Stockholm Convention Banned Substances Vote and CE Mark Updates
As noted in last December’s column, two substances, Dechlorane Plus™ and UV-328, had been proposed for elimination and votes on the proposals would be made at the May 2023 meeting. May has come and gone and, indeed, that decision has been made. These two substances have been added to Annex A of the Stockholm Convention, meaning they will be banned for most uses. Now the countries party to the Stockholm Convention must roll these decisions into their local regulations.
So far, at least one market has already taken action and another has stated their intent:
- Singapore stated that they are banning these substances and the products that contain them from entering the country as of May 12, 2024, one year after the POPRC’s decision.
- The European Commission has stated their intent to draft a delegated regulation to amend Regulation (EU) 2019/1021 on persistent organic pollutants to include these substances. Commission adoption is “planned for” fourth quarter 2023. A timeline for the EU ban is not indicated yet.
If Singapore is a market for your products, you don’t have much time to determine whether these new substance bans affect you or not and. If they do, address the issue.
Don’t forget that medium-chain chlorinated paraffins (MCCPs) also appear to be on their way to a ban in the future. Take action now to identify any uses in your supply base (e.g., PVC-based insulation/sheathing of wires and cables) and begin working on replacement.
UK Government Announces CE Mark Extended “Indefinitely” – Sort Of
On August 1, the Department for Business and Trade (DBT) “announced an indefinite extension to the use of CE marking for businesses.” The CE mark was initially supposed to be replaced by the UKCA mark for products sold in Great Britain by the end of 2021, nearly two years after Brexit, but that was delayed for a year to January 1, 2023. That, again, was deemed to not be sufficient because “the government does not want to burden business with the requirement to meet the original (December 31, 2022) deadline.” So, it was yet again delayed to 11 p.m. on December 31, 2024. DBT now appears to have punted on the UKCA mark entirely, simply accepting that if a product is good enough for the European Union’s CE mark, it’s good enough for Great Britain.
Apparently, because the government keeps pushing out the deadline, UK businesses are exceptionally challenged to retest and needed and change labels on their products. So now they effectively will not have to. But is that really the case?
DBT’s announcement states that it applies only to the 18 regulations owned by DBT. While these include EMC, low voltage and RF, they, notably, do not include numerous product types and other important regulations:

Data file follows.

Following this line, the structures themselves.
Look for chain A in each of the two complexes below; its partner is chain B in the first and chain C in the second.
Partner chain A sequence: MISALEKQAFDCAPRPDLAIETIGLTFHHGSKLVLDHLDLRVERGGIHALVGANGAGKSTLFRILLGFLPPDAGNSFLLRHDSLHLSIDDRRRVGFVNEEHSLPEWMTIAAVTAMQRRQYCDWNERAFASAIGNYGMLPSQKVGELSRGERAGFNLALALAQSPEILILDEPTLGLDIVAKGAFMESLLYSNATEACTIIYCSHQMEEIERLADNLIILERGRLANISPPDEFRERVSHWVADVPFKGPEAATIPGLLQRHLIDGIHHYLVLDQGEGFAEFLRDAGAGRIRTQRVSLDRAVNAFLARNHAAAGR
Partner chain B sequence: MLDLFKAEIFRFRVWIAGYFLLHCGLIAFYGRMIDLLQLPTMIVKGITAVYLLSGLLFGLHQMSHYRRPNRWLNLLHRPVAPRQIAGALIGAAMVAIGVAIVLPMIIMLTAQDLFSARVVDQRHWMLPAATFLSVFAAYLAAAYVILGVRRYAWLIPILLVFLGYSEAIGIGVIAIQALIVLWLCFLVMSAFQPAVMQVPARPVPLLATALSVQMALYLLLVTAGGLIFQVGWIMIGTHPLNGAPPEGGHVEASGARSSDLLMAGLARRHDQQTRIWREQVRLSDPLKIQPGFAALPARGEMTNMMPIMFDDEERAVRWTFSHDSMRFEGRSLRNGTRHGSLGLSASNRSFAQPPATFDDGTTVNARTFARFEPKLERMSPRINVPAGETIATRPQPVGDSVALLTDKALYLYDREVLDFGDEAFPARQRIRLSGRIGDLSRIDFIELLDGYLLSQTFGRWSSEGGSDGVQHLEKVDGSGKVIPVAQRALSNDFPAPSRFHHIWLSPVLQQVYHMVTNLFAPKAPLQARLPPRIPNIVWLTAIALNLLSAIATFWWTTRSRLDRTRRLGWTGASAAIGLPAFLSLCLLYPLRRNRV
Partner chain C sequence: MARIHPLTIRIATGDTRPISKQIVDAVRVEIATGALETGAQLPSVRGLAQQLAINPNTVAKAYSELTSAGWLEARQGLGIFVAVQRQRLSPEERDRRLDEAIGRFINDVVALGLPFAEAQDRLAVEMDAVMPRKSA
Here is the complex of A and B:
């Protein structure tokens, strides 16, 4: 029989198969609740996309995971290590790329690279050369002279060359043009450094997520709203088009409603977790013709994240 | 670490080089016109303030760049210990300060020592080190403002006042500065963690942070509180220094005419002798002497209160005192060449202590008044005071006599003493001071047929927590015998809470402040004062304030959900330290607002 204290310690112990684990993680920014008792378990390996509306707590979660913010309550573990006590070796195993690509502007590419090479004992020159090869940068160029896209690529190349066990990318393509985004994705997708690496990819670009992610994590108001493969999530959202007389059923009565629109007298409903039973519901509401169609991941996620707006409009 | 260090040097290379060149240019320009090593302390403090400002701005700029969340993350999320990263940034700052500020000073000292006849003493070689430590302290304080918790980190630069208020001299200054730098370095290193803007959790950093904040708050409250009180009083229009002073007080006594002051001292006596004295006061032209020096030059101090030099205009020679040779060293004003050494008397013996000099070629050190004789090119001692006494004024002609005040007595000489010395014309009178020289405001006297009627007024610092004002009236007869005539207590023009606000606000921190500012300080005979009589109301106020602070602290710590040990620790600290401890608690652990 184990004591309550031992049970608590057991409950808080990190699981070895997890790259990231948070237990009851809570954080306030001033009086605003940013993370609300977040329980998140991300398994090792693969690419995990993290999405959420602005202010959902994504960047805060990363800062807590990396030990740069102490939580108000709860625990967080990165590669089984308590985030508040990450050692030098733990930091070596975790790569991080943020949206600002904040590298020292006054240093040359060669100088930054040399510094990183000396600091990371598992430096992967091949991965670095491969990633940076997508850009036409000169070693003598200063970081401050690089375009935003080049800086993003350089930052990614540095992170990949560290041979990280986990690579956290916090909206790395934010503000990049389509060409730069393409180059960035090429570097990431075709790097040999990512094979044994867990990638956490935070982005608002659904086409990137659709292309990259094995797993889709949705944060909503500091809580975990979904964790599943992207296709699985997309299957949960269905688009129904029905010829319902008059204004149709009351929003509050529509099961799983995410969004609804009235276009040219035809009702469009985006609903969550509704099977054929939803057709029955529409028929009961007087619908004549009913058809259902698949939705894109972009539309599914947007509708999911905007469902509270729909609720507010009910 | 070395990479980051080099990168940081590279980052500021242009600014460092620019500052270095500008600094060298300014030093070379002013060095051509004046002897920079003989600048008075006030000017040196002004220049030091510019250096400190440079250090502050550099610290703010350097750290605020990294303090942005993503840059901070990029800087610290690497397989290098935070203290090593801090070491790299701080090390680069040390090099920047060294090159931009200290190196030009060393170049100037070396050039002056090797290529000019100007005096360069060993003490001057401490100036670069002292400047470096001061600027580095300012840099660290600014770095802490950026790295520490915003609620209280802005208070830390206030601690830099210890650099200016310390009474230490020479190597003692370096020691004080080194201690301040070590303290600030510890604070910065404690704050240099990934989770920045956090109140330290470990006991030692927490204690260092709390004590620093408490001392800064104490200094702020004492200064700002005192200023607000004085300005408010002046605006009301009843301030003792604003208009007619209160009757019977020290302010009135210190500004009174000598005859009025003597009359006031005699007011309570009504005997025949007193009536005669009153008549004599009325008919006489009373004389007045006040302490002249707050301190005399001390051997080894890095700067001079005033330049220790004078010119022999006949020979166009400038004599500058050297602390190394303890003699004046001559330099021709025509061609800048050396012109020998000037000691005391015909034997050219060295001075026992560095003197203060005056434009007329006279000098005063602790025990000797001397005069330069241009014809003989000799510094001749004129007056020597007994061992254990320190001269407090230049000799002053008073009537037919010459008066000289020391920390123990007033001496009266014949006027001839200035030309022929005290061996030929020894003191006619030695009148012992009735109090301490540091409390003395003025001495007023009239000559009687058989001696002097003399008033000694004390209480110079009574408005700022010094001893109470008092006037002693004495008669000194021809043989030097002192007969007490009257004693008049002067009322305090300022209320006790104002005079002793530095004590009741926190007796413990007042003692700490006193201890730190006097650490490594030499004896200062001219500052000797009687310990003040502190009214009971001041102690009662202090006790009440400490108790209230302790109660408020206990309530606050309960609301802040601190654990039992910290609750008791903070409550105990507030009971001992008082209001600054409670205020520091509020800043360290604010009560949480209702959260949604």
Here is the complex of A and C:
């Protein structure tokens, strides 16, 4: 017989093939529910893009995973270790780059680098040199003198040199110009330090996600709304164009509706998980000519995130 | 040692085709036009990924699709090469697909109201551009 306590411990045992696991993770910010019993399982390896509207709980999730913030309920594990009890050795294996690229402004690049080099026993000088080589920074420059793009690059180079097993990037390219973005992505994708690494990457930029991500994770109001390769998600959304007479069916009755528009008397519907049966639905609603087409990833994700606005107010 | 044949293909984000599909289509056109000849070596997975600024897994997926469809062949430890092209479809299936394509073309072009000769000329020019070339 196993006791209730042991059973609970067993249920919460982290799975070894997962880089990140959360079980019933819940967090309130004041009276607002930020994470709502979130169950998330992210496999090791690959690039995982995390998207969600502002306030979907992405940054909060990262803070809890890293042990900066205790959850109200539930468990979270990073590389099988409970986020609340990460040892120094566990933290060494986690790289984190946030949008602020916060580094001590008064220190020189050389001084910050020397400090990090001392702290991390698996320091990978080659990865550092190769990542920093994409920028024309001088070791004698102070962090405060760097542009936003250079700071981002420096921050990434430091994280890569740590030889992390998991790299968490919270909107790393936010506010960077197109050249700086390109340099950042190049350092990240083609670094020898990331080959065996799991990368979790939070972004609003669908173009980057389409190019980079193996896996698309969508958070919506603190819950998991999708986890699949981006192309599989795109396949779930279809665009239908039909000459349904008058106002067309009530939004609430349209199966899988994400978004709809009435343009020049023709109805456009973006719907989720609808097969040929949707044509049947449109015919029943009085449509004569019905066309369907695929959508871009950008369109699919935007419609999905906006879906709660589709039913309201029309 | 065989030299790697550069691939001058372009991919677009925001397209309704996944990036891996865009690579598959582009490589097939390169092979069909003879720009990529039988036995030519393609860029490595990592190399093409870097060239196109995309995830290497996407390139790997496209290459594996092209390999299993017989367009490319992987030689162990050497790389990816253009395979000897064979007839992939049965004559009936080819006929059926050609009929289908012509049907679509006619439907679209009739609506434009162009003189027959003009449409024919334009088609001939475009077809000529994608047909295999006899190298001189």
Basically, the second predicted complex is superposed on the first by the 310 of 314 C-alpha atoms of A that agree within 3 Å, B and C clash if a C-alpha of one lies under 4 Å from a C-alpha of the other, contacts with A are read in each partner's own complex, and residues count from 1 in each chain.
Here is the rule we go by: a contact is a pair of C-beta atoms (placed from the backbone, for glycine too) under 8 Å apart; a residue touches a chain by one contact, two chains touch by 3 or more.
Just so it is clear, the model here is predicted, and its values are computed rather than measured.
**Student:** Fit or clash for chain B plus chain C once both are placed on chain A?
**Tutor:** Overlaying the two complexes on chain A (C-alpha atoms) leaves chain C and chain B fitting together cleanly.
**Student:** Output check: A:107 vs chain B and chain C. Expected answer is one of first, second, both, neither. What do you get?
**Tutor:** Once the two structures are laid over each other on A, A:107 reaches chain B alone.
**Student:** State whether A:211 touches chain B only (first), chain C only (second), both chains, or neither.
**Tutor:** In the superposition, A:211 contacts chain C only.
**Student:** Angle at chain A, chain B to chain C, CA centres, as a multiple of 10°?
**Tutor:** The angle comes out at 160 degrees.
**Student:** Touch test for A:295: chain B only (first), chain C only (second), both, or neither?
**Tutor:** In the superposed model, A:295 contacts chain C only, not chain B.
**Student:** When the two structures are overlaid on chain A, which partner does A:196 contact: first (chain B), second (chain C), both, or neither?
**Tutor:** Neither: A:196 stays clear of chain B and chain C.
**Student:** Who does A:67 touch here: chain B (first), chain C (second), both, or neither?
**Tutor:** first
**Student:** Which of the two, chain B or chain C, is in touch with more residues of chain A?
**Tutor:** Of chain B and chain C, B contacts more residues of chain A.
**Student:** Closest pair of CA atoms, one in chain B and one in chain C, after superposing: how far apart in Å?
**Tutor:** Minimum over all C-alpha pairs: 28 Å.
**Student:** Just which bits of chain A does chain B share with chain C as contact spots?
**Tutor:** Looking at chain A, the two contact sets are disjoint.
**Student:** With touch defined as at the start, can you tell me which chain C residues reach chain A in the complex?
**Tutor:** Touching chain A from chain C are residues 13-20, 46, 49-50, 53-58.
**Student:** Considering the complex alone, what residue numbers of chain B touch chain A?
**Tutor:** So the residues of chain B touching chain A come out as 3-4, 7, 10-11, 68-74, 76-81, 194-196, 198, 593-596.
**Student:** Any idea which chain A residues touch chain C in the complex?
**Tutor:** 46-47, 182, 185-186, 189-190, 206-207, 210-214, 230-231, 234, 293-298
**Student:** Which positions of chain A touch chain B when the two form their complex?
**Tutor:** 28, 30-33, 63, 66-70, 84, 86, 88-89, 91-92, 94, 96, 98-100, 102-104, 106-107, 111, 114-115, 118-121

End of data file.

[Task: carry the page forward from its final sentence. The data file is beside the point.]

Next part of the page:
“There are different rules for medical devices, construction products, cableways, transportable pressure equipment, unmanned aircraft systems, rail products, marine equipment and ecodesign.”
Of interest to many will be the fact that ecodesign regulations are not included in the indefinite extension, and of interest to even more is the fact that Restriction of the Use of Certain Hazardous Substances in Electrical and Electronic Equipment Regulations 2012 (the RoHS Regulations) is not included in either DBT’s press release or the updated UKCA marking guidance. Both ecodesign and RoHS are owned by the Office for Product Safety and Standards (OPSS), which is a different organization from DBT.
This seems to mean that it is now a free-for-all, with each department deciding independently whether to extend the CE mark over the UKCA mark. The UKCA guidance page says “[t]he relevant departments covering these sectors either have communicated, or will communicate, plans in due course.” So, anyone whose products are covered by UKCA mark requirements specified by a regulation not owned by DBT should keep an eye on this page.
On the other hand, as the CE mark becomes more broadly applicable in the EU to UK equivalents that are not UKCA mark regulations (e.g., the newly issued REGULATION (EU) 2023/1542 concerning Batteries and Waste Batteries is now a CE mark regulation; the current Battery Directive, 2006/66/EC, and the UK’s Waste Batteries and Accumulators Regulations 2009 (as amended) are not) and as others that are consistent with each other today diverge (as the EU’s soon-to-be issued ecodesign regulation will), the ability for manufacturers to sell products into the UK that are not sold into the EU becomes more complicated—or they simply use the UKCA mark.
The UK, despite Brexit, thus persists in continuing its relationship with the EU—whether the EU has approved this continued use of their CE mark for their former Member State is unclear. They are not the only ones who reference foreign requirements in their regulatory regimen. Numerous U.S. states directly reference EU Directive 2011/65/EU – EU RoHS – in the legal codes for, in most cases, their e-waste regulations. And, while I still find this to be quite bizarre (and lazy), fortunately no U.S. state specifies the use of this foreign market’s compliance mark.